Carina: It is definitely a tough situation for anyone responsible for implementing COVID-19 measures on their projects. I'm always looking for advice and innovative ideas, too. But I would tell others to be transparent and listen. Listen to your employees. Listen to the customer. Then ultimately, just continue to do what's right. That's one of our core values — just do what's right. That's how we navigated this time of uncertainty.

There are definitely levels of skepticism in the world right now with COVID-19. It’s important to be transparent and take employee concerns seriously. Listen to workers and do whatever it takes to make the environment better.

And while we all talk about budgets, the health of our employees has been our top priority. So, I would advise others to have a plan, create a budget off of the plan and don't go too far off of your plan without understanding why.

ASSP: Did any recent technological advancements help make your job easier?

Carina: We have somebody who oversaw all of our technology on the job site. He's always looking at innovations. We used a lot of BIM [building information modeling]. Drones are amazing, and we used them for all of our logistics maps in order to communicate information like access, muster points and where important things are on the job. Imagine going to Disney World and using a wayfinding map. We had those for everyone so that they were able to understand which areas were open, which areas were closed, which areas were safe. We used those for logistics coordination between trades.

Our badging process was awesome. We always knew who was on-site and when. We were able to send mass text messages through the system, which helped us with communication, especially after we were unable to meet as a group. That's how we tracked our accountability process as well.

For COVID-19 we also used a text message permitting process. For different kinds of hot work or other questions, employees were able to send a text to all of the Mortenson/McCarthy safety professionals, who would help them address their concerns.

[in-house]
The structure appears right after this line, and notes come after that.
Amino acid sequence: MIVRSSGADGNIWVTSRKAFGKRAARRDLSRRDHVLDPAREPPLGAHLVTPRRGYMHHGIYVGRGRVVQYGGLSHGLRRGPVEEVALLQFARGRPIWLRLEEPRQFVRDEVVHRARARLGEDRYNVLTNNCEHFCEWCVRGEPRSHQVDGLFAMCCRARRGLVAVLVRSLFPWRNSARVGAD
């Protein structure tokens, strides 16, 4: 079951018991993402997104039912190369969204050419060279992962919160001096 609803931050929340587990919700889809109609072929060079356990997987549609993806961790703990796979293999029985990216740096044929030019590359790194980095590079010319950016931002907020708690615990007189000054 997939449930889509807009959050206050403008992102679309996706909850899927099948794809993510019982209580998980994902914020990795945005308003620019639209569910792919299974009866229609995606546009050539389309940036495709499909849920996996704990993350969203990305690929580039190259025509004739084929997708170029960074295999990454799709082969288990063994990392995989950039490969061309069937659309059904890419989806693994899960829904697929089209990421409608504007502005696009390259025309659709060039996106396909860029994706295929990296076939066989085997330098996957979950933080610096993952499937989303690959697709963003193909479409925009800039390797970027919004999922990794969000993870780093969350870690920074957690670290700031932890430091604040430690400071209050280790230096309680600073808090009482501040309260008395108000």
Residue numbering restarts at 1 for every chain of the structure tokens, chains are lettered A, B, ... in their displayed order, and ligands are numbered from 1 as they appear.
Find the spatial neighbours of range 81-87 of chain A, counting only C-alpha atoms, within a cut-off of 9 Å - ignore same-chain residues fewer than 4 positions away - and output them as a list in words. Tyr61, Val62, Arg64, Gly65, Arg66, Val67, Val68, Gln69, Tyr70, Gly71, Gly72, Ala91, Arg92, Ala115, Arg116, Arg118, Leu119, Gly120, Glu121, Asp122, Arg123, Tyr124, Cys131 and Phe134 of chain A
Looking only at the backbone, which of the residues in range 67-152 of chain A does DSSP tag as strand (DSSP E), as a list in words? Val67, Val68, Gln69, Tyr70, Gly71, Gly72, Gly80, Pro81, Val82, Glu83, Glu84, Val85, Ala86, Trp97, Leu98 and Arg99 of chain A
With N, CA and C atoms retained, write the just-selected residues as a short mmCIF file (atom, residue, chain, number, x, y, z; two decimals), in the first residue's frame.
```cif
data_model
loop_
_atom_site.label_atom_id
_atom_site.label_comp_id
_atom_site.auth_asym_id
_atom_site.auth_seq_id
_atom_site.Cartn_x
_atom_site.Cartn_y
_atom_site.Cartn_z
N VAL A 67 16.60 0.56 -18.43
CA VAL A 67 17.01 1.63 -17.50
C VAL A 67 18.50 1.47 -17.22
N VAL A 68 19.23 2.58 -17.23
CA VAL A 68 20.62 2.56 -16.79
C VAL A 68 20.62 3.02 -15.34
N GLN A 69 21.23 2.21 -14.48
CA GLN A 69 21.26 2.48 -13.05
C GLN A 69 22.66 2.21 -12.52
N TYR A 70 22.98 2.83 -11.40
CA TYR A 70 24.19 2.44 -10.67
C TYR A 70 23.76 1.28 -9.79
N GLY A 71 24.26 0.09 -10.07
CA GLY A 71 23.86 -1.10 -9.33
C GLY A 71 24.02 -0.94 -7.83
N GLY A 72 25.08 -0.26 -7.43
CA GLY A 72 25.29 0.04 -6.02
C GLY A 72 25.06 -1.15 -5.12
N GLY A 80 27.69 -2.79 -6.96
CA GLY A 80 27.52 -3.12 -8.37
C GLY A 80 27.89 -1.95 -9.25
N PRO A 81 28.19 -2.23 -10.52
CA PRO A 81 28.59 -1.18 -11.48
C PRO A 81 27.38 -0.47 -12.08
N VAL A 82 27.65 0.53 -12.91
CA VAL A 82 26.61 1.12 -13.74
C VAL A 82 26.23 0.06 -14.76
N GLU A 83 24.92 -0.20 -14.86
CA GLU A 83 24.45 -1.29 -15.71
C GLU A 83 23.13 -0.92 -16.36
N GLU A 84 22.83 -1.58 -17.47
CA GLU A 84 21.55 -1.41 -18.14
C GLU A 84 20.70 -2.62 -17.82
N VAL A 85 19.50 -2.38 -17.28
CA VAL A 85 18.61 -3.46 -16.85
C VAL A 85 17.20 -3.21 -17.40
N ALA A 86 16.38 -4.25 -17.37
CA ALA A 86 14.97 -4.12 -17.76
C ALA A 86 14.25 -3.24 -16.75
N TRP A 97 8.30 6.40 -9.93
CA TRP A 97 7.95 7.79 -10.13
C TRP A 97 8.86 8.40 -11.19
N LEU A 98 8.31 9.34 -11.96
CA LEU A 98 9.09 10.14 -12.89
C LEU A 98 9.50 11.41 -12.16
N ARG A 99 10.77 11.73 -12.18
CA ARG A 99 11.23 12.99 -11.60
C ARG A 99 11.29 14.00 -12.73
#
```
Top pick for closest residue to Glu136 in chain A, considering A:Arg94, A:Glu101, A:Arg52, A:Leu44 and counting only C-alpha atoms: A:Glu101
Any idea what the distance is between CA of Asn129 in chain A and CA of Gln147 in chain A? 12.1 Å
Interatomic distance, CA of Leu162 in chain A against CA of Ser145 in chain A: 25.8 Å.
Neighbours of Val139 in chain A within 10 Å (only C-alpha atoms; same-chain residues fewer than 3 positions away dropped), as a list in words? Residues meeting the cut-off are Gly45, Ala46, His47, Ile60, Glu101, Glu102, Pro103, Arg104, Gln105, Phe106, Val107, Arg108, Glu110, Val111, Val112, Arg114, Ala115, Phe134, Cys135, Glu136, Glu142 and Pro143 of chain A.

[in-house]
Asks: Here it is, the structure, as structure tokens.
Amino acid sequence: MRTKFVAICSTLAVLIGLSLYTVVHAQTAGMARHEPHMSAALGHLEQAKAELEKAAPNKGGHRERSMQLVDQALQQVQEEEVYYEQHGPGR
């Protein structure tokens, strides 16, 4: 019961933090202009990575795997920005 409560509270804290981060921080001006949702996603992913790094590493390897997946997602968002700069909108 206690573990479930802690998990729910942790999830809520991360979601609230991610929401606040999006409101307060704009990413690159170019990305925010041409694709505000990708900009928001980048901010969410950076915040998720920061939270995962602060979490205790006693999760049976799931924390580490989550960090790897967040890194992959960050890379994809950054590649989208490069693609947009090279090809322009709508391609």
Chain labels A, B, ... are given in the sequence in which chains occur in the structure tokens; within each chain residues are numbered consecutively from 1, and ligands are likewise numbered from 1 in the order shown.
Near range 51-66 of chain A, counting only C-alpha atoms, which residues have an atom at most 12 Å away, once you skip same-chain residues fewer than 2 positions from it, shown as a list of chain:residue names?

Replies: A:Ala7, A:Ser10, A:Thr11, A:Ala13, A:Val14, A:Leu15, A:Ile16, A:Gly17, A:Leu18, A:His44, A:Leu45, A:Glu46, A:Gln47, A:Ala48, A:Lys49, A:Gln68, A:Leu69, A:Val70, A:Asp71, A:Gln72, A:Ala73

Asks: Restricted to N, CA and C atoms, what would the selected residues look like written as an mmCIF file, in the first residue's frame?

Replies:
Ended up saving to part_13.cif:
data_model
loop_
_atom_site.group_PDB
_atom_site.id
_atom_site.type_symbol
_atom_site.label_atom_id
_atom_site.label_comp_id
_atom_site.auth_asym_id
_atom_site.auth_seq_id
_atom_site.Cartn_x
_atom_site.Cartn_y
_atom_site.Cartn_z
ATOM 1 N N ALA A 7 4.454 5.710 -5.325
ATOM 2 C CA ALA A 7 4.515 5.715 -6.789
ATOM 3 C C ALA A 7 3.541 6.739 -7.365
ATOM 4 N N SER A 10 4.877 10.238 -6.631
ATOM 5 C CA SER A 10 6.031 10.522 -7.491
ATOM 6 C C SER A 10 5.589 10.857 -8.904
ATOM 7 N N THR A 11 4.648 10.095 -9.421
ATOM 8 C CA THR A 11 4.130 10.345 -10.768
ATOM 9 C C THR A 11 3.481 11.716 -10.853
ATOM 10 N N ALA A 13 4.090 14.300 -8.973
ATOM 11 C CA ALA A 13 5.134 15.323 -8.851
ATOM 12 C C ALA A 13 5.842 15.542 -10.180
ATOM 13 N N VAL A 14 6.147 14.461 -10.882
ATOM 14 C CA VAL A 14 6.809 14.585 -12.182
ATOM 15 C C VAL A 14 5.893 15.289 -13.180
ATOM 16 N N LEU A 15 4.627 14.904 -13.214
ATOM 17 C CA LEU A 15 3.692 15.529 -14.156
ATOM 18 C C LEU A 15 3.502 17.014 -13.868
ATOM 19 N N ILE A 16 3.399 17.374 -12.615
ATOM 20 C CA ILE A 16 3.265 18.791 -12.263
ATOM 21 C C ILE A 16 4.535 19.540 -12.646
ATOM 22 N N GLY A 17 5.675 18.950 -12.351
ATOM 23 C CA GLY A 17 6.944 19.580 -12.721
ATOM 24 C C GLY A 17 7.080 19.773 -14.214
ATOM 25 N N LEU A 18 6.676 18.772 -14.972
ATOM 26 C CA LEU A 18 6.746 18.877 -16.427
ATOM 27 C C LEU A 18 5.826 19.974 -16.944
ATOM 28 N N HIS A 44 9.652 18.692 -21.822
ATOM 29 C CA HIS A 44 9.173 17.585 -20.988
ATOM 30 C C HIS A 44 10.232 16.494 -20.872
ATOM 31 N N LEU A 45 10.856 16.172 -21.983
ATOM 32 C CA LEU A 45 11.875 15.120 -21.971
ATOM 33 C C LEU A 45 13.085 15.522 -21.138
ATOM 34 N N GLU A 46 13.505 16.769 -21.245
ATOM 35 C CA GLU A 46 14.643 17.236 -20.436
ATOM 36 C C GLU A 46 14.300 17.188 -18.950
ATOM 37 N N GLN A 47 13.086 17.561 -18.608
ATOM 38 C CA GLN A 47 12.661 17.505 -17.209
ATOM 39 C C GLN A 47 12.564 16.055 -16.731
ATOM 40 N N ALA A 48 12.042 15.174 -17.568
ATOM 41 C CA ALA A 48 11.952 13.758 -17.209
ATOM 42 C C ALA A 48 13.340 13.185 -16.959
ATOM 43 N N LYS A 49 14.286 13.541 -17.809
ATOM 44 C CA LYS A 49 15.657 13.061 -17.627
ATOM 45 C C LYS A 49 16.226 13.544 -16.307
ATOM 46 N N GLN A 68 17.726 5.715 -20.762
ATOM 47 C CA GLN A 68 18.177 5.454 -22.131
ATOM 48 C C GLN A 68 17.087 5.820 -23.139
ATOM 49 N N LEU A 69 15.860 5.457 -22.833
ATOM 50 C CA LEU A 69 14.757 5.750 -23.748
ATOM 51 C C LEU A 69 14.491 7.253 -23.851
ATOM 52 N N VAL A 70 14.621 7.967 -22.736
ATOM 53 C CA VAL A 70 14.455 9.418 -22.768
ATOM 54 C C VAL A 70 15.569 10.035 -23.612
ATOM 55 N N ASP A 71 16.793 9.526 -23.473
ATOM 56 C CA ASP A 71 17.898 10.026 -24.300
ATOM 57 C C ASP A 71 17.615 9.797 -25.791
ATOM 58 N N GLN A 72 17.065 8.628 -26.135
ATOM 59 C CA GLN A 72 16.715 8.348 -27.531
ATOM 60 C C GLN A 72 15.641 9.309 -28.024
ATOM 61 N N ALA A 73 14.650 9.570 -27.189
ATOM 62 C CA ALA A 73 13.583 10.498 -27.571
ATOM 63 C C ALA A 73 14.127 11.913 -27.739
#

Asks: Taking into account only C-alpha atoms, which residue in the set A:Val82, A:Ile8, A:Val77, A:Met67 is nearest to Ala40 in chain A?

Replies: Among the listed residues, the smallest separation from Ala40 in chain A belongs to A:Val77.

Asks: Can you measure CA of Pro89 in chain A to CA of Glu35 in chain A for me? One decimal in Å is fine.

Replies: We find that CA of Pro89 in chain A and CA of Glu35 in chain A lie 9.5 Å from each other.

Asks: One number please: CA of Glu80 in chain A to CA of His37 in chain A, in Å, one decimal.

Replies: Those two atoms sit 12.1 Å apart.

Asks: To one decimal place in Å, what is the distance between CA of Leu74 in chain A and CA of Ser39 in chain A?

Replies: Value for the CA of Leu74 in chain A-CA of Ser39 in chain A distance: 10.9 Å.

ASSP: Your bio says you are passionate about the fundamentals of task hazard analysis, accountability, planning and craft engagement. Can you share a bit more about that? How and why do those things drive you?

Carina: Safety professionals on large job sites have a lot of responsibilities, which can be overwhelming. You can start to focus on a thousand things, then ultimately do none of them well. To be intentional, we planned our focus areas before we went into the ground: task hazard analysis, accountability, planning and craft engagement. They complement each other and provide a well-rounded safety program and culture.

Everyone can quickly understand these focus areas and how they ultimately create the safest and best job site. When there is a plan, everyone is accountable to the plan, and where there is continuous improvement in our craft engagement, it helps a lot. Ultimately, these things drive me because I think they really matter. They are the fundamentals that help send people home safely.

ASSP: How does it feel to be at the end of the project? Does it seem real yet?

Carina: No. We give the keys to the owner soon and it doesn't seem real. It feels like we’re going to continue building it forever, even though we’re now done. I don't think it's clicked in my head yet that it's over.

ASSP: Going back to issues surrounding COVID-19: It sounds like there are still some decisions to be made around how many football fans and concertgoers will be invited into the stadium once it opens. Do you think safety and health professionals have a responsibility to advocate for face coverings, physical distancing and other COVID-19 controls – even outside their job sites?

Carina: I feel like we should always set the example inside and outside of work. However, a lot of these things depend on where you live and what your social circle looks like. There are so many complex factors for COVID-19 that I think sometimes it gets oversimplified, and we really just need to make sure that as safety professionals, we're continuing to investigate and get a greater understanding of COVID-19 — how it affects us and how it affects our role. We don’t want COVID-19 to stop or distract us from looking at present and real hazards that are occurring in the work environment. For example, if we only prioritize our COVID-19 response, we might not be as focused on fall protection or making sure that we are providing the best PPE possible, that safety glasses aren't fogging up because of workers’ face coverings.

Safety professionals need to be creative in our new world and ensure that traditional safety training is still occurring in the work environment at the same, if not greater, frequency throughout this pandemic.

ASSP: Is there anything else you’d like to add?

Carina: More than 11,000 people helped build this safety culture and this safety program. I'm grateful that I’ve had this opportunity to talk about all of the hard work this group has done. It’s nice for safety professionals to be able to share and learn from what went right just as often as we learn from our incident investigations.